Hard to be Hard
June 13, 2019 – Joemma State Park – Gig Harbor, WA
We’ve adopted Joemma Beach as our home base. It’s cheap, beautiful, and close to the places we love to beachcomb. Now, during high season, we’re allowed to stay for 10 consecutive days, then leave for at least three. For those few days, we move over to Penrose Point, just a few miles down the road. It’s a majestically forested park, but for the past couple of weeks the mosquitoes there have become unbearable. When they start attacking me, I know we’re in trouble. There are certain people, like Brent, whom mosquitos love to feast on (is it something in their blood, their sweat?) Fortunately, I’m not one of them, but the night before we left Penrose the little she-devils (only the females bite) were feasting on my blood as well.
Dash Point State Park, though conveniently located, has been crossed off our list for now. Phone service is spotty there since I switched from T-Mobile to AT&T and Brent’s phone doesn’t work well there either. But the fact that I have service now at Joemma and Penrose is a huge plus and worth the hassle of switching providers. When we need to be in Federal Way or Auburn early for Brent’s appointments, we spend the night down there, rather than rising at the crack of dawn and facing rush-hour traffic.
Aside from the mosquitos, Penrose Point is home to a large population of crafty raccoons. We thought we could outwit them by hanging our trash from a rope, but somehow they managed to rip the bag open and sift through its contents. The first night we let Loki sleep in the truck, figuring he’d be safer in there—I’d read that raccoons can be vicious. When he heard the invaders, Loki went crazy, jumping around the cab and scratching at the windows in a vain attempt to defend us. After that we tied him up outside, which was enough to keep them at bay.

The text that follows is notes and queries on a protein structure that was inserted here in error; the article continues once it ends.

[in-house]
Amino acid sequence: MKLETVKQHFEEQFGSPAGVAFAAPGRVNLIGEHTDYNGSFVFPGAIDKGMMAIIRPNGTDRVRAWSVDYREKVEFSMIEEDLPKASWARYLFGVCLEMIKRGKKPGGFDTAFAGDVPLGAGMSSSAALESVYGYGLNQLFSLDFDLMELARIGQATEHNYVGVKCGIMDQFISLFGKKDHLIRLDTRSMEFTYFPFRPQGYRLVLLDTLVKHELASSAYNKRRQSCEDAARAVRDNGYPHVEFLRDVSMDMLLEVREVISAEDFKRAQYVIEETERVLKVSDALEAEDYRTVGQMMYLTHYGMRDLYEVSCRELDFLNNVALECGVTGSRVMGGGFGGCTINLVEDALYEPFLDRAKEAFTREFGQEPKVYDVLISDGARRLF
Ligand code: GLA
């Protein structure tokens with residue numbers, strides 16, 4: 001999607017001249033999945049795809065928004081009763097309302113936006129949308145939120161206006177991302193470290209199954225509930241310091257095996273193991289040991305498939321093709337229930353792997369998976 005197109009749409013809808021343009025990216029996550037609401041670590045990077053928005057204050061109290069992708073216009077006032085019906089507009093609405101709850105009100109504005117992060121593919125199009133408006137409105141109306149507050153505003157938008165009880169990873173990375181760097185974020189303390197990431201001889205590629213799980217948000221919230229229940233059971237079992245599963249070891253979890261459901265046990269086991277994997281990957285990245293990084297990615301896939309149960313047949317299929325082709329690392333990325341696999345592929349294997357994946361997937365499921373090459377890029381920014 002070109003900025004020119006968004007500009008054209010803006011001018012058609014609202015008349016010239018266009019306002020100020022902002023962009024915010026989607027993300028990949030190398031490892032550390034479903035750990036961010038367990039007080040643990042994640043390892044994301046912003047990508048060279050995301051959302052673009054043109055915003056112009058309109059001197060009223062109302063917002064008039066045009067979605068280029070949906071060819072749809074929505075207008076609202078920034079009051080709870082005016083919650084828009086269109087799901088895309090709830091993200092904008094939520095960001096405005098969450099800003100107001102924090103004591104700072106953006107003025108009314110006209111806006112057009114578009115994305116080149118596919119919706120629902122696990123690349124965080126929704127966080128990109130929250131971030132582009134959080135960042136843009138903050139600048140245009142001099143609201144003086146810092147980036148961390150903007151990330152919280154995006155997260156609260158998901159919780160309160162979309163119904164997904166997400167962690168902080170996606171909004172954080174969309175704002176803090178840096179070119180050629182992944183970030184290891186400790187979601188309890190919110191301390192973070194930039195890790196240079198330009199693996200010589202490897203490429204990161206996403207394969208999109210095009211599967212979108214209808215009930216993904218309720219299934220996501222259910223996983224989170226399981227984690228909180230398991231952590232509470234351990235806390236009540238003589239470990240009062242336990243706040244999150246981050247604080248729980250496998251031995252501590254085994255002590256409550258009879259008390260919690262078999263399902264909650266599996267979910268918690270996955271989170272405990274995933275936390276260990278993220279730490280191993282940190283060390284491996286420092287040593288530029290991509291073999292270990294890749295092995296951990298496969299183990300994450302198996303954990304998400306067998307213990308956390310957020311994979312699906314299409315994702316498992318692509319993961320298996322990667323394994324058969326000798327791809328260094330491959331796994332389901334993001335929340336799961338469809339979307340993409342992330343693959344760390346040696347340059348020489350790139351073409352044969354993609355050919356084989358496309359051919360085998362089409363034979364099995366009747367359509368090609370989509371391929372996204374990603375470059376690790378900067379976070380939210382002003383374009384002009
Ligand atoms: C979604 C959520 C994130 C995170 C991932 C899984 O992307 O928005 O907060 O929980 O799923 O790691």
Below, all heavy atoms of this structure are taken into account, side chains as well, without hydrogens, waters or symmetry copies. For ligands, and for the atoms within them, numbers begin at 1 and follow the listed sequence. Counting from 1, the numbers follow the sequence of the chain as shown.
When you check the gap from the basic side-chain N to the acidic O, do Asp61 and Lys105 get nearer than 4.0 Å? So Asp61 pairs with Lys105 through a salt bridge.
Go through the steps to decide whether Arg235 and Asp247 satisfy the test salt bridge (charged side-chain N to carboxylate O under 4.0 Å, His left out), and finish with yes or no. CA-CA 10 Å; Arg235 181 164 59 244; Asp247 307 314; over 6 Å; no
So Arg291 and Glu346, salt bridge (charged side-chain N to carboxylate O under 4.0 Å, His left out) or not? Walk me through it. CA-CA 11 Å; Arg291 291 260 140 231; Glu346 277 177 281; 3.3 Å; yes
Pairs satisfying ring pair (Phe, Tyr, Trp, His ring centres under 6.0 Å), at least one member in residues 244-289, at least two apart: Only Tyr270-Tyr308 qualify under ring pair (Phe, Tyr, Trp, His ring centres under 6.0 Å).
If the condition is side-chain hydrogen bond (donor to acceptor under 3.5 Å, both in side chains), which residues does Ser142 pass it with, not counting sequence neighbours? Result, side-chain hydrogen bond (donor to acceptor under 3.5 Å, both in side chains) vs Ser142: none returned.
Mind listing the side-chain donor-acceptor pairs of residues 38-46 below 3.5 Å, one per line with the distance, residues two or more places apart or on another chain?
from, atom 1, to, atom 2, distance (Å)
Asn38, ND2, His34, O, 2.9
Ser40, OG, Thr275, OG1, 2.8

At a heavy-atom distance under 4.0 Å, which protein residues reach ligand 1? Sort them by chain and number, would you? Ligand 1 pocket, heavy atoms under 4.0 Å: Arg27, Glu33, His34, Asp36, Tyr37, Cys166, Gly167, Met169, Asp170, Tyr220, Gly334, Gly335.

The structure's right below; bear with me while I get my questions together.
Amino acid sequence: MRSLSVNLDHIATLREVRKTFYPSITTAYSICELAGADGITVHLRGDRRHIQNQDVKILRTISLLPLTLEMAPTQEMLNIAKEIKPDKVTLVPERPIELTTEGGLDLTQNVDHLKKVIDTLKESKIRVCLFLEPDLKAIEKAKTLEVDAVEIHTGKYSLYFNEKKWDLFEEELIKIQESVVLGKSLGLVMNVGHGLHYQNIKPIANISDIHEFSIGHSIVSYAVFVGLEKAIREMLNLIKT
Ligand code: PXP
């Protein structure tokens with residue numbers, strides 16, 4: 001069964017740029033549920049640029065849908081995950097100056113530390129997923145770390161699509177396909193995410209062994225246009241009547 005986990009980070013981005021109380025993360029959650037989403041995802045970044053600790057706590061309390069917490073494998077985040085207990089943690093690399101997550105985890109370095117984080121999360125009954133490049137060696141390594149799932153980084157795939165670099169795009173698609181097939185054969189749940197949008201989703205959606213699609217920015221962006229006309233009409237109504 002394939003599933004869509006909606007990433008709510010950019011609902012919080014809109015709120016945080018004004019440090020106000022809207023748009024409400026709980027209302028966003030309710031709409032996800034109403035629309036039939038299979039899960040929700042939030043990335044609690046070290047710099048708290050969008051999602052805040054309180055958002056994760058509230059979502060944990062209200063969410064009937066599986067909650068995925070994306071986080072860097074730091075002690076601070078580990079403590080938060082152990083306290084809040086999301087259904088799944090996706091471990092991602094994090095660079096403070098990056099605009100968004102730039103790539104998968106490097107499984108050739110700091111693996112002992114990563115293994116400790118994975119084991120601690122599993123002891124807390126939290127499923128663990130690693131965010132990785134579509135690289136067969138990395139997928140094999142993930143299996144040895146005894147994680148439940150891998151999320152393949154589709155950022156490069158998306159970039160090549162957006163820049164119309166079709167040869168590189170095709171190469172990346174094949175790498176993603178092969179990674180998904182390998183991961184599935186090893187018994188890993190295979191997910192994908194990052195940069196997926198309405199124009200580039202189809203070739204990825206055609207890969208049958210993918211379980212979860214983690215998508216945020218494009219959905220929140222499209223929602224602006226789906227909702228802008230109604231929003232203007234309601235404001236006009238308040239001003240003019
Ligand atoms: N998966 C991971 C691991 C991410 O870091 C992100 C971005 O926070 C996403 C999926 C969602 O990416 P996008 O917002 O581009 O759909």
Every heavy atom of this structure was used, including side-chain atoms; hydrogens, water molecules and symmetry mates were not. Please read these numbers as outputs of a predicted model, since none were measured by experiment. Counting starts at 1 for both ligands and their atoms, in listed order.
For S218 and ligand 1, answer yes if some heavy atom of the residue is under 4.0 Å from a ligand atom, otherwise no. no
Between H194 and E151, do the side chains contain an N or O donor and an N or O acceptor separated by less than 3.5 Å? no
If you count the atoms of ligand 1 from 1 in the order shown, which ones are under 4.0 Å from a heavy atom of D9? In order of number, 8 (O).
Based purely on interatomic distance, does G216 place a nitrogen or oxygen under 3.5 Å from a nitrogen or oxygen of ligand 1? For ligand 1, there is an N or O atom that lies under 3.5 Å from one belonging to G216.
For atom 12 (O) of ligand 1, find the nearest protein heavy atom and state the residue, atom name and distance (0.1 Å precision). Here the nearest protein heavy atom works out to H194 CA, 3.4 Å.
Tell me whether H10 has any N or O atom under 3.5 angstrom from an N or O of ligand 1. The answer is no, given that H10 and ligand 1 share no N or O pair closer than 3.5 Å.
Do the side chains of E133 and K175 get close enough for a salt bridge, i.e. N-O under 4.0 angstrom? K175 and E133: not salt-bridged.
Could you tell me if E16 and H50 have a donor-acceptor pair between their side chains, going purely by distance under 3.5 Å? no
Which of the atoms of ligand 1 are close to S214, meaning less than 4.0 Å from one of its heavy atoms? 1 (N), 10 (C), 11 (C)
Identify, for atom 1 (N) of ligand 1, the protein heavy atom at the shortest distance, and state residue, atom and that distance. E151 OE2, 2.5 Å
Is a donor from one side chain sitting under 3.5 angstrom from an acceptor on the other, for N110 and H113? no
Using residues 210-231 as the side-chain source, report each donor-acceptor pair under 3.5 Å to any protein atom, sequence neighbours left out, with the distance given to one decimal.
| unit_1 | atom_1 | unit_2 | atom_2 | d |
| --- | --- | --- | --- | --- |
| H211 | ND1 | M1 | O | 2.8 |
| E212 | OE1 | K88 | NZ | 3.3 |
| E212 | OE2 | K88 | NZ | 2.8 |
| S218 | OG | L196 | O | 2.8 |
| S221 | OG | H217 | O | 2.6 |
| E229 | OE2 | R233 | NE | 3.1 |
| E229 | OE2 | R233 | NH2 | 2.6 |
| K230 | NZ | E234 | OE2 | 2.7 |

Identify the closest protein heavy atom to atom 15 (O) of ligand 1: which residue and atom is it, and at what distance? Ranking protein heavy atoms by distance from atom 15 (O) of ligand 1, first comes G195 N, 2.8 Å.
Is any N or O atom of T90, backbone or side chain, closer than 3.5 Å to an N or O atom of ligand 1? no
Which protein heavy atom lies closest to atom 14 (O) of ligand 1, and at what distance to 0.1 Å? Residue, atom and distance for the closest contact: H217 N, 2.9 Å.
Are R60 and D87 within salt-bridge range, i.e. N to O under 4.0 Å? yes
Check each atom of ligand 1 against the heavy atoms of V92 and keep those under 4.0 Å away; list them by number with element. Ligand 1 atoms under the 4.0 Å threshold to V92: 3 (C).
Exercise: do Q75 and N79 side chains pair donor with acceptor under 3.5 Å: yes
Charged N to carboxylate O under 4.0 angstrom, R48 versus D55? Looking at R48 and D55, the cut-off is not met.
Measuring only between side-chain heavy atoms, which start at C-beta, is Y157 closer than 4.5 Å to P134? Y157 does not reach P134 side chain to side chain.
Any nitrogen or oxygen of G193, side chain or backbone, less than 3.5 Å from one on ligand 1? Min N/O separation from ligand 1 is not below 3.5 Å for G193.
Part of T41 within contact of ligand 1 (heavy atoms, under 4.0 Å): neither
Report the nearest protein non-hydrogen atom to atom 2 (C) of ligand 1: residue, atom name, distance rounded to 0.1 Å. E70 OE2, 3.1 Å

In Dash Point it was the squirrels—good sized ones who were bold enough to creep in front of Loki in order to steal whatever they could find. Maybe it was my overworked imagination, but I swear they worked in pairs. One would distract us while the other would rush in and grab whatever he could. Not even the candy bars were safe. Chocolate bar wrappers on the ground attested to the fact that squirrels have a sweet tooth just like we do.
The day we left Dash Point, Loki took his revenge and lunged at one of the villains. I thought for sure the squirrel would escape, but not this time. He was dangling from Loki’s mouth and I prayed it was just a game and Loki would drop him. “Loki, stop. Put him down!”, we both yelled simultaneously. Loki glanced our way and dropped the fuzzy animal, but by then it was too late. The poor squirrel lay lifeless on the ground and Brent tossed him into the bushes. I felt guilty—guilty that we’d left food around and paved the way for his delinquent behavior, guilty that the other squirrel had lost his partner-in-crime.